China in 1975 was a strange, undiscovered country, still half-mad from Mao Zedong’s Cultural Revolution, when young Frances Wood boarded a plane in London to study for a year in Peking. Based on the letters she wrote home, this account of her experiences is both affecting and hilarious, a unique insight into a mysterious and painful moment in China’s history.
Virtually closed to outsiders for the preceding decade, China was just beginning to make tentative moves towards the outside world when Frances Wood and her fellow students were driven in an ancient coach through the dark silent countryside to their new quarters at the Foreign Languages Institute. Here they were settled into small rooms with hard iron beds and a single dim light bulb. Outside were showers powered by an enormous boiler emitting boiling steam from cracks in the pipework. Next day, at the medical centre, they learned that medical treatment was free but ‘we would have to pay for our own abortions’.
Throughout the following year in an extraordinary Alice-in-Wonderland world where ‘education’ consisted of shovelling rubble, hand-grenade practice, and cripplingly tedious ideological lectures, Frances never lost her sense of humour. Or indeed her fascination for the ancient civilization that lurked behind the Cultural Revolution’s grim façade. Based on the letters she wrote home in 1975‒6, Hand-grenade Practice in Peking is both affecting and hilarious, a unique insight into a mysterious and painful moment in China’s history. It was an interlude which would eventually lead Frances to her position as head of the Chinese collection at the British Library.
Author Frances Wood, librarian, sinologue and former head of the Chinese Collection at the British Library, joined us as a guest on the Slightly Foxed podcast, Episode 2: The Oldest Paper in the World.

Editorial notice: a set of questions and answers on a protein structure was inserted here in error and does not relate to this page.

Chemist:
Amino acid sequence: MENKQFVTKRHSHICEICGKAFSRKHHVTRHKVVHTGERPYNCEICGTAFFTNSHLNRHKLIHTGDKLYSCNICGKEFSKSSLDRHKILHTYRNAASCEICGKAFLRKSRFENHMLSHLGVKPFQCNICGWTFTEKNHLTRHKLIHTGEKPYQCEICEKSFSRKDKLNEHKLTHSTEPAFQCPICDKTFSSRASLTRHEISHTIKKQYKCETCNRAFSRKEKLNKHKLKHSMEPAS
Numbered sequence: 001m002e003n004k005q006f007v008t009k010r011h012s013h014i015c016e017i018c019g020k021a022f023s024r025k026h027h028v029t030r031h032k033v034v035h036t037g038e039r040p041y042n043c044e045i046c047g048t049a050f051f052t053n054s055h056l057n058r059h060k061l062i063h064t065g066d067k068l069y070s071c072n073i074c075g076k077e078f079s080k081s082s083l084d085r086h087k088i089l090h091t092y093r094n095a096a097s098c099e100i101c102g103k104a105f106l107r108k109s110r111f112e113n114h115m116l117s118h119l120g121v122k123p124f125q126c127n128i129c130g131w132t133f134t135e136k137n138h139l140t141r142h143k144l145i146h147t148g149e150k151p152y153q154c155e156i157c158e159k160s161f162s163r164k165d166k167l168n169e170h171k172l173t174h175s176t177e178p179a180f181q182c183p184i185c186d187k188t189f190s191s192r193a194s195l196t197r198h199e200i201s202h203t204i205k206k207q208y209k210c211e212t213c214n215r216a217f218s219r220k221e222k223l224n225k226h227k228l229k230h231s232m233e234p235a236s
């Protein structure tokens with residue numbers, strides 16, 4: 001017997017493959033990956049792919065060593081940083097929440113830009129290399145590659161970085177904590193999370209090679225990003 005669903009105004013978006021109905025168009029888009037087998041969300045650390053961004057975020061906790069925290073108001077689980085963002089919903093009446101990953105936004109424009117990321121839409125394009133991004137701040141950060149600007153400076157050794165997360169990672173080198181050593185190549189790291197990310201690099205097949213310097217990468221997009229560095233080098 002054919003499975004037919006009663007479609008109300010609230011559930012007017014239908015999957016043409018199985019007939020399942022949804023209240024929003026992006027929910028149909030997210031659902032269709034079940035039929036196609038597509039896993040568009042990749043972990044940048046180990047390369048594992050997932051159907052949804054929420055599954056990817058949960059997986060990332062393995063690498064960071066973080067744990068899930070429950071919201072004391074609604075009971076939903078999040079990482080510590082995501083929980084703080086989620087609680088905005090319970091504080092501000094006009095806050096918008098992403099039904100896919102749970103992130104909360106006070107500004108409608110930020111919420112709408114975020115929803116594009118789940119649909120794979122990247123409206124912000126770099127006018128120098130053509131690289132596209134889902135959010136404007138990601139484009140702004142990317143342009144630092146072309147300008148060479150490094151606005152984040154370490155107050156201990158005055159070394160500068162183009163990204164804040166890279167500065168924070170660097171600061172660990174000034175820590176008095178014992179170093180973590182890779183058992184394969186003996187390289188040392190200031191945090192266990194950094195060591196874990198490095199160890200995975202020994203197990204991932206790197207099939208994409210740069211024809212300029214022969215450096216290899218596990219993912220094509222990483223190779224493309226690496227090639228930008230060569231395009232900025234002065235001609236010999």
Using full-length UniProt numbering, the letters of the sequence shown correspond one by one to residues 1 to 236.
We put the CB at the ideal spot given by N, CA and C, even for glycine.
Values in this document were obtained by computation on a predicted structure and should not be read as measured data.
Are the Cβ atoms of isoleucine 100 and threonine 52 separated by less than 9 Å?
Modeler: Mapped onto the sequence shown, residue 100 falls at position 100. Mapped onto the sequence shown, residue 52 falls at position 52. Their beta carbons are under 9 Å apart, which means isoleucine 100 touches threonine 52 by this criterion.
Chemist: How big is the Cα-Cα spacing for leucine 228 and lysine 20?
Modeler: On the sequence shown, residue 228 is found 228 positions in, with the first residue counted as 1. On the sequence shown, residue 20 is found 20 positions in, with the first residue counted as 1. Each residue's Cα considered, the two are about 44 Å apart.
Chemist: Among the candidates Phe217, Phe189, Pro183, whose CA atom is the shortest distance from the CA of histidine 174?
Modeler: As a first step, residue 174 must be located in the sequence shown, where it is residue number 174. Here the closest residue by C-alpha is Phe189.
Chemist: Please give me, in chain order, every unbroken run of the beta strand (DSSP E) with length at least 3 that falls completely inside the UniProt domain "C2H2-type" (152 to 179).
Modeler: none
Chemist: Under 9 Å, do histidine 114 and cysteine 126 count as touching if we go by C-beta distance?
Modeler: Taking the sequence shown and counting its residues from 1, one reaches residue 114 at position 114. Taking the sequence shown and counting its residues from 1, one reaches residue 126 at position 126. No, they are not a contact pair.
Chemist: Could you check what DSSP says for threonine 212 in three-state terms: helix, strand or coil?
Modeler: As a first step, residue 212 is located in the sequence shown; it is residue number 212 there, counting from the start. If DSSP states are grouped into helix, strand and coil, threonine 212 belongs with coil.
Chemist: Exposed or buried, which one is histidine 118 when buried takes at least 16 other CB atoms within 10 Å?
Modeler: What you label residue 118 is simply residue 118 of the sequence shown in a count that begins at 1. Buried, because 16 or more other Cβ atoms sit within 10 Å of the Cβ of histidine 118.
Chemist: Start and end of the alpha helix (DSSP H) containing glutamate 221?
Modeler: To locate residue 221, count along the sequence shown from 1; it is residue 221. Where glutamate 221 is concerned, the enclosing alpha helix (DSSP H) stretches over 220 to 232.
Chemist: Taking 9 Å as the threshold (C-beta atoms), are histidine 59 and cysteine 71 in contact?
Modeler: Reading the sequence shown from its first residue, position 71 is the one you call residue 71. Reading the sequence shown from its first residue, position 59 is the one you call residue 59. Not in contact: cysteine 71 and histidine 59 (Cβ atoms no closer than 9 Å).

Too Much of a Good Thing
I see Frances Wood in that great tradition of intrepid British women explorers, like Mary Kingsley and Gertrude Bell. She sets out for China in 1975, when the Cultural Revolution is still going...Read more
Hand-grenade Practice in Peking | Model Revolutionary Life
Like pain, the memory of the boredom of much of my visit in 1971, and of those interminable meetings with revolutionary committees, had faded with time and in 1975 I had applied to join the third...Read more
‘I have received my Spring issue and read it from cover to cover . . . ’
‘I have received my Spring issue and read it from cover to cover in one sitting! Pure unadulterated pleasure. From that I moved on to one of my purchases Hand-Grenade Practice in Peking, finishing...Read more
I read about this book repeatedly in successive issues of the Slightly Foxed quarterly, and finally got around to buying a copy and reading it. Wood’s account of life in Cultural-Revolution China was extremely clever and entertaining, as well as informative. One can see in Wood’s adventures (and misadventures) the adventurous British woman at her best. I lived in East Asia in the 1970s and 1980s, when Asian countries were not the economic powerhouses they are today, and recognize many of the absurdities Frances Wood encountered in China. Hand-grenade Practice in Peking paints a vivid picture of a world that has vanished forever.